There are a couple of things that drew me to this book that are not your typical reasons to want to read a novel. First of all, I stumbled upon Bernadette’s blog and realised that she is Irish. Second, I read on Amazon that she is the mother of four boys. Now, anyone who can manage four kids and not want to drown in a bucket of gin on daily basis is my hero. But a woman who has four boys and still manages to write a book is, basically, the brightest star in the sky.
Let me elaborate on the first point a bit.
Every Irish author I’ve read—and I’ve read a few—writes with nothing but empathy and (dare I say it?) love towards their protagonists. Maeve Binchy, Marian Keys, Colm Tóibín, Cecilia Ahern, even the eponymous James Joyce and Oscar Wilde are never judgemental towards their cheating, gambling, suicidal, alcohol abusing, eccentric main characters. They don’t find excuses on their behalf either. They simply accept that people are flawed. And we have to deal with that in life, as well as in novels. I’ve been drawn towards the compassion and warmth of Irish literature for as long as I can remember.
In It Started with a Snub, Bernadette has created a cast of characters that is as full of contradictions as any human beings I’ve ever met. Take Heather’s boyfriend, Graham, for example. He could be unbelievably selfish one minute, then he’d pick her up and carry her halfway from the pub to her house because her feet hurt. We’ve all met people like that, haven’t we? Some of us dated people like that for a long time. I’m not naming names and pointing fingers. It’s the sort of thing that could happen to anyone.
The story in Bernadette’s book, just as suggested in the blurb, revolves around Heather “…as she navigates the simple things in life, her inability to remember the code for the house alarm, odd driving habits, general musings on chick flicks, casualties in cooking, as well as her attempts to talk down the “mad farmer with the gun.”” There are dark times in Heather’s life too and they were treated with the sensitivity that, as mentioned above, I’ve come to expect from an Irish author.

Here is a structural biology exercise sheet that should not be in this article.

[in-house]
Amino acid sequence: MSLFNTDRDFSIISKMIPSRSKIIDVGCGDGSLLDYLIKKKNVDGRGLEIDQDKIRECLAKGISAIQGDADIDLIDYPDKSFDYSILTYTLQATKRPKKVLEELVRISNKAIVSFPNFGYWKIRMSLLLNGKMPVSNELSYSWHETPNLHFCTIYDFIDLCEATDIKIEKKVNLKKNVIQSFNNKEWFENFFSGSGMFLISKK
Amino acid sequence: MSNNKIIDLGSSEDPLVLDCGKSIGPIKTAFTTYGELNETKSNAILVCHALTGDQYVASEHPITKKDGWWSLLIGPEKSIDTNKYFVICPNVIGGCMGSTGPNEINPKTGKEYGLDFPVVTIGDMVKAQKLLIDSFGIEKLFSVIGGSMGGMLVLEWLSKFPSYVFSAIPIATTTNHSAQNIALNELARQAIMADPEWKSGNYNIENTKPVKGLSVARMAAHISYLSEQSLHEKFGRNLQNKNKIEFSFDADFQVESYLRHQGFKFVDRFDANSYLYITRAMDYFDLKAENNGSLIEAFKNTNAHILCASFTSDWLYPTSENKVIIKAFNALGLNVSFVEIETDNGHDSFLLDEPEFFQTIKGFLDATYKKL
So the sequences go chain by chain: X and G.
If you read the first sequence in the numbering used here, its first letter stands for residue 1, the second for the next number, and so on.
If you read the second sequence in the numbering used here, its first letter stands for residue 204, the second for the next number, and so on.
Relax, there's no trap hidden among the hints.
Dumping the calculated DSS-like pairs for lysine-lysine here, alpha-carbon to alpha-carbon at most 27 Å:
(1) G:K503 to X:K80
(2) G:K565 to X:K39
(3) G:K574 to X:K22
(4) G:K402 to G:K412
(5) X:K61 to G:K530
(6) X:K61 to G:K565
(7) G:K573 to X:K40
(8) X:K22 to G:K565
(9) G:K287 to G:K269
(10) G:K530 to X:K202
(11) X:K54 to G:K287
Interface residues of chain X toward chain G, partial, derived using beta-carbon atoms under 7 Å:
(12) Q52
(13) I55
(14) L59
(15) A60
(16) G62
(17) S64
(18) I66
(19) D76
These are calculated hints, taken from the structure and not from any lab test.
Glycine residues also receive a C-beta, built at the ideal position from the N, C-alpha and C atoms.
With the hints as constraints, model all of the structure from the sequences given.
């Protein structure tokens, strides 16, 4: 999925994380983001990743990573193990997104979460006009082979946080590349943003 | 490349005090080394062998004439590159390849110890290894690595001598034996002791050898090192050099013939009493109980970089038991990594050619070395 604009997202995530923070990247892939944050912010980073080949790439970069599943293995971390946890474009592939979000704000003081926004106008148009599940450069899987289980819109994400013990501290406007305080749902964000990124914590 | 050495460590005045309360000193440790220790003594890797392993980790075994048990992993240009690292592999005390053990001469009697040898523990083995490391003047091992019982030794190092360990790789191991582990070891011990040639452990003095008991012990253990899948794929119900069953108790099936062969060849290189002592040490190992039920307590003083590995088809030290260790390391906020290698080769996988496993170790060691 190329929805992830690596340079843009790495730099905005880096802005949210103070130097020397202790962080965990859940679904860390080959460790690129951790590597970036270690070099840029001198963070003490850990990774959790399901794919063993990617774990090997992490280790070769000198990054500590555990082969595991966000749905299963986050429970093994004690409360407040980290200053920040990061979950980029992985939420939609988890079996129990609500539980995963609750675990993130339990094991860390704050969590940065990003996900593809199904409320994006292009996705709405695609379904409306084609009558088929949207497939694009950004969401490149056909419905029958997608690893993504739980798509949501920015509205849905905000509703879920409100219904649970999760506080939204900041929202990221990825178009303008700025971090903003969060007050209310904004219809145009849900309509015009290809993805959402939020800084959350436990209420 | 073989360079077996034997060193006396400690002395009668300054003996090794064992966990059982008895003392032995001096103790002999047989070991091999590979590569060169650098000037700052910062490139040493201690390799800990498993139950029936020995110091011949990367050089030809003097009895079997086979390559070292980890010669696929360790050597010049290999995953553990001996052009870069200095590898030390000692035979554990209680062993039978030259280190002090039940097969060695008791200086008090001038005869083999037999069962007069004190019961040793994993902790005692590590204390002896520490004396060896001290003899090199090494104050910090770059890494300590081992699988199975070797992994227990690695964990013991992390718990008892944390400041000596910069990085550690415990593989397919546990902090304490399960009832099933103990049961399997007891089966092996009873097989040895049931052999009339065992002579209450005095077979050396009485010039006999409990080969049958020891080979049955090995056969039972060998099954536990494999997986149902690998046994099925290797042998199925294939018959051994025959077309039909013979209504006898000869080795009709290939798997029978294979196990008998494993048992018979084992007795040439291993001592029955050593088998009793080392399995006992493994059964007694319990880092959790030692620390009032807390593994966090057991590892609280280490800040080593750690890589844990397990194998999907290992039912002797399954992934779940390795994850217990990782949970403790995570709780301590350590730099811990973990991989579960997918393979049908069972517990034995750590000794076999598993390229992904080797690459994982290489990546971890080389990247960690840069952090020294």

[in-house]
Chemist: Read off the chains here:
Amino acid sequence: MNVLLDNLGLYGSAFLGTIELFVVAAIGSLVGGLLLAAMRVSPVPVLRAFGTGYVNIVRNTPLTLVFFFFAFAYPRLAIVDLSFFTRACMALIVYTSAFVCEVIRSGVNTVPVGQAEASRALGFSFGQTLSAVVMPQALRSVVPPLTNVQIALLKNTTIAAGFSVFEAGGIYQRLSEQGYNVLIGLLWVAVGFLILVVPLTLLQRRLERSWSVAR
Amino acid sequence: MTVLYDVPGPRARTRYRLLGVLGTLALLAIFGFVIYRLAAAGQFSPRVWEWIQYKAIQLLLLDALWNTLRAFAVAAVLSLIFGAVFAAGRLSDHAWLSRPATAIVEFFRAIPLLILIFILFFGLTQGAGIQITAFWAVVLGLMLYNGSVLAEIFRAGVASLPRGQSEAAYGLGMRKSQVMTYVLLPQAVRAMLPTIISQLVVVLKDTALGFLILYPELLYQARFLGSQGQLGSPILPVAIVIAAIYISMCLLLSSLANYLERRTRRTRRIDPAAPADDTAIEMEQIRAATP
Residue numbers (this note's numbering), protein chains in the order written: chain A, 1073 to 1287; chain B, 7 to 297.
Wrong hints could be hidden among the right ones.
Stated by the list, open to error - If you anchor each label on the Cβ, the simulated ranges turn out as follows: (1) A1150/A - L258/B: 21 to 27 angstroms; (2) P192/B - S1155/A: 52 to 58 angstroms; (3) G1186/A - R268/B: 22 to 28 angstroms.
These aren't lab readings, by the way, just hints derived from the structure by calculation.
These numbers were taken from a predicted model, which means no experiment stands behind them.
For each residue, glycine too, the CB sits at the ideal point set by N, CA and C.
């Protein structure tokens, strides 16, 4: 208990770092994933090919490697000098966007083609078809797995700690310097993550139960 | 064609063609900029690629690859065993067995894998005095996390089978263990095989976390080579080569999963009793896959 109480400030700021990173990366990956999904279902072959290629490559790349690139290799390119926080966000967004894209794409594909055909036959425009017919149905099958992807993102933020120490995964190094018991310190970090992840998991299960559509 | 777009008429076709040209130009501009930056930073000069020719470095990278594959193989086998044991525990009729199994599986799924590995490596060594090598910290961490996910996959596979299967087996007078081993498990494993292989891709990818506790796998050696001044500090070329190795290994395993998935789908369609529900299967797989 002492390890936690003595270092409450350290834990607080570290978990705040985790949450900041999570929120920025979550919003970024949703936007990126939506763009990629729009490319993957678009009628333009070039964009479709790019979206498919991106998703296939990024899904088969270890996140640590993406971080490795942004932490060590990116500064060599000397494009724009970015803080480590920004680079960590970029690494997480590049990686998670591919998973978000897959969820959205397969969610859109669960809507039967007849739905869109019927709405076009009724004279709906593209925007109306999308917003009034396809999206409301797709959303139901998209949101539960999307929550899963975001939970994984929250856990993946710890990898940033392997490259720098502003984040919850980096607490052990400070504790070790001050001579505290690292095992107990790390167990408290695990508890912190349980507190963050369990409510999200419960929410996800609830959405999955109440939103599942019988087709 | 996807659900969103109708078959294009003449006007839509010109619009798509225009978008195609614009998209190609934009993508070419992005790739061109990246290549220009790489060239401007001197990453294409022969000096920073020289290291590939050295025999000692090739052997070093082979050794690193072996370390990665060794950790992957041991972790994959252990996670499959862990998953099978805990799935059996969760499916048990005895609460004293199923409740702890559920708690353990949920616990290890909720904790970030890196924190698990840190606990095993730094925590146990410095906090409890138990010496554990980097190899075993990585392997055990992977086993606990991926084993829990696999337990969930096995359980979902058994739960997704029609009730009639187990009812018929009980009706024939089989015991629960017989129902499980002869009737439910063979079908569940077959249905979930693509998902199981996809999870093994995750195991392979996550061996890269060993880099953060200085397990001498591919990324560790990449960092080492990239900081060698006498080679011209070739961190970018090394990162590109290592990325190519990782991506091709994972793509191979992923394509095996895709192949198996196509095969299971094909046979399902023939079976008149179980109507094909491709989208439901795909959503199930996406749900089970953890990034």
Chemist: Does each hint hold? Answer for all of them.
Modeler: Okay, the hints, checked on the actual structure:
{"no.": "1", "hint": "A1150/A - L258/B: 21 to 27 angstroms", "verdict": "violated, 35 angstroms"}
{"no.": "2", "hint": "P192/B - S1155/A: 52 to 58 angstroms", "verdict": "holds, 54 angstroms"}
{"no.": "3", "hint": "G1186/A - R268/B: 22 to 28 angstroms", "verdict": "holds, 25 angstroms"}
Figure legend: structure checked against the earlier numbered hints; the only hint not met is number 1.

There are a lot of characters in It Started with a Snub.
There are Heather’s family and her housemates, but also her workmates and the friends and girlfriends of her friends, still they come forward with their own voices and character traits. Here is a little sample of a dialog that springs out from the page:
“‘The other night I asked him to come up with three words to describe me and he came up with sexy, beautiful, funny – could he not have done better than that? Oh and don’t take offence at this but if I hear anything else about how amazing Heather is, I’ll lose it! She’s so strong, she’s so funny, she’s so amazing. I mean we even started talking about you in the lead up to getting down and dirty. He said you were like a ray of light. Ray-of-light… now there’s three words I would have been happy with…’
‘Sweet Jesus.’ Heather’s face felt like it was about to explode. ‘Please don’t talk about me before sex again.’”
Bernadette manages to carry us through the ups and downs of the narrative with a smooth and melodic voice that’s delightful to read.
One thing I’d like to point out, though, and that’s the only point of possible improvement for the books Bernadette would write in the future, is that the book was overly long for me. As much as I liked the bubbly way the characters talked, I found myself distracted at times from the plot with all the details they shared.
All in all, It Started with a Snub is a fantastic debut that finished very satisfactory (I’m not saying more!) and left me with the lingering pleasant sensation usually associated with having a drink with a friend.
It Started with a Snub was gifted to me by the author for an honest review.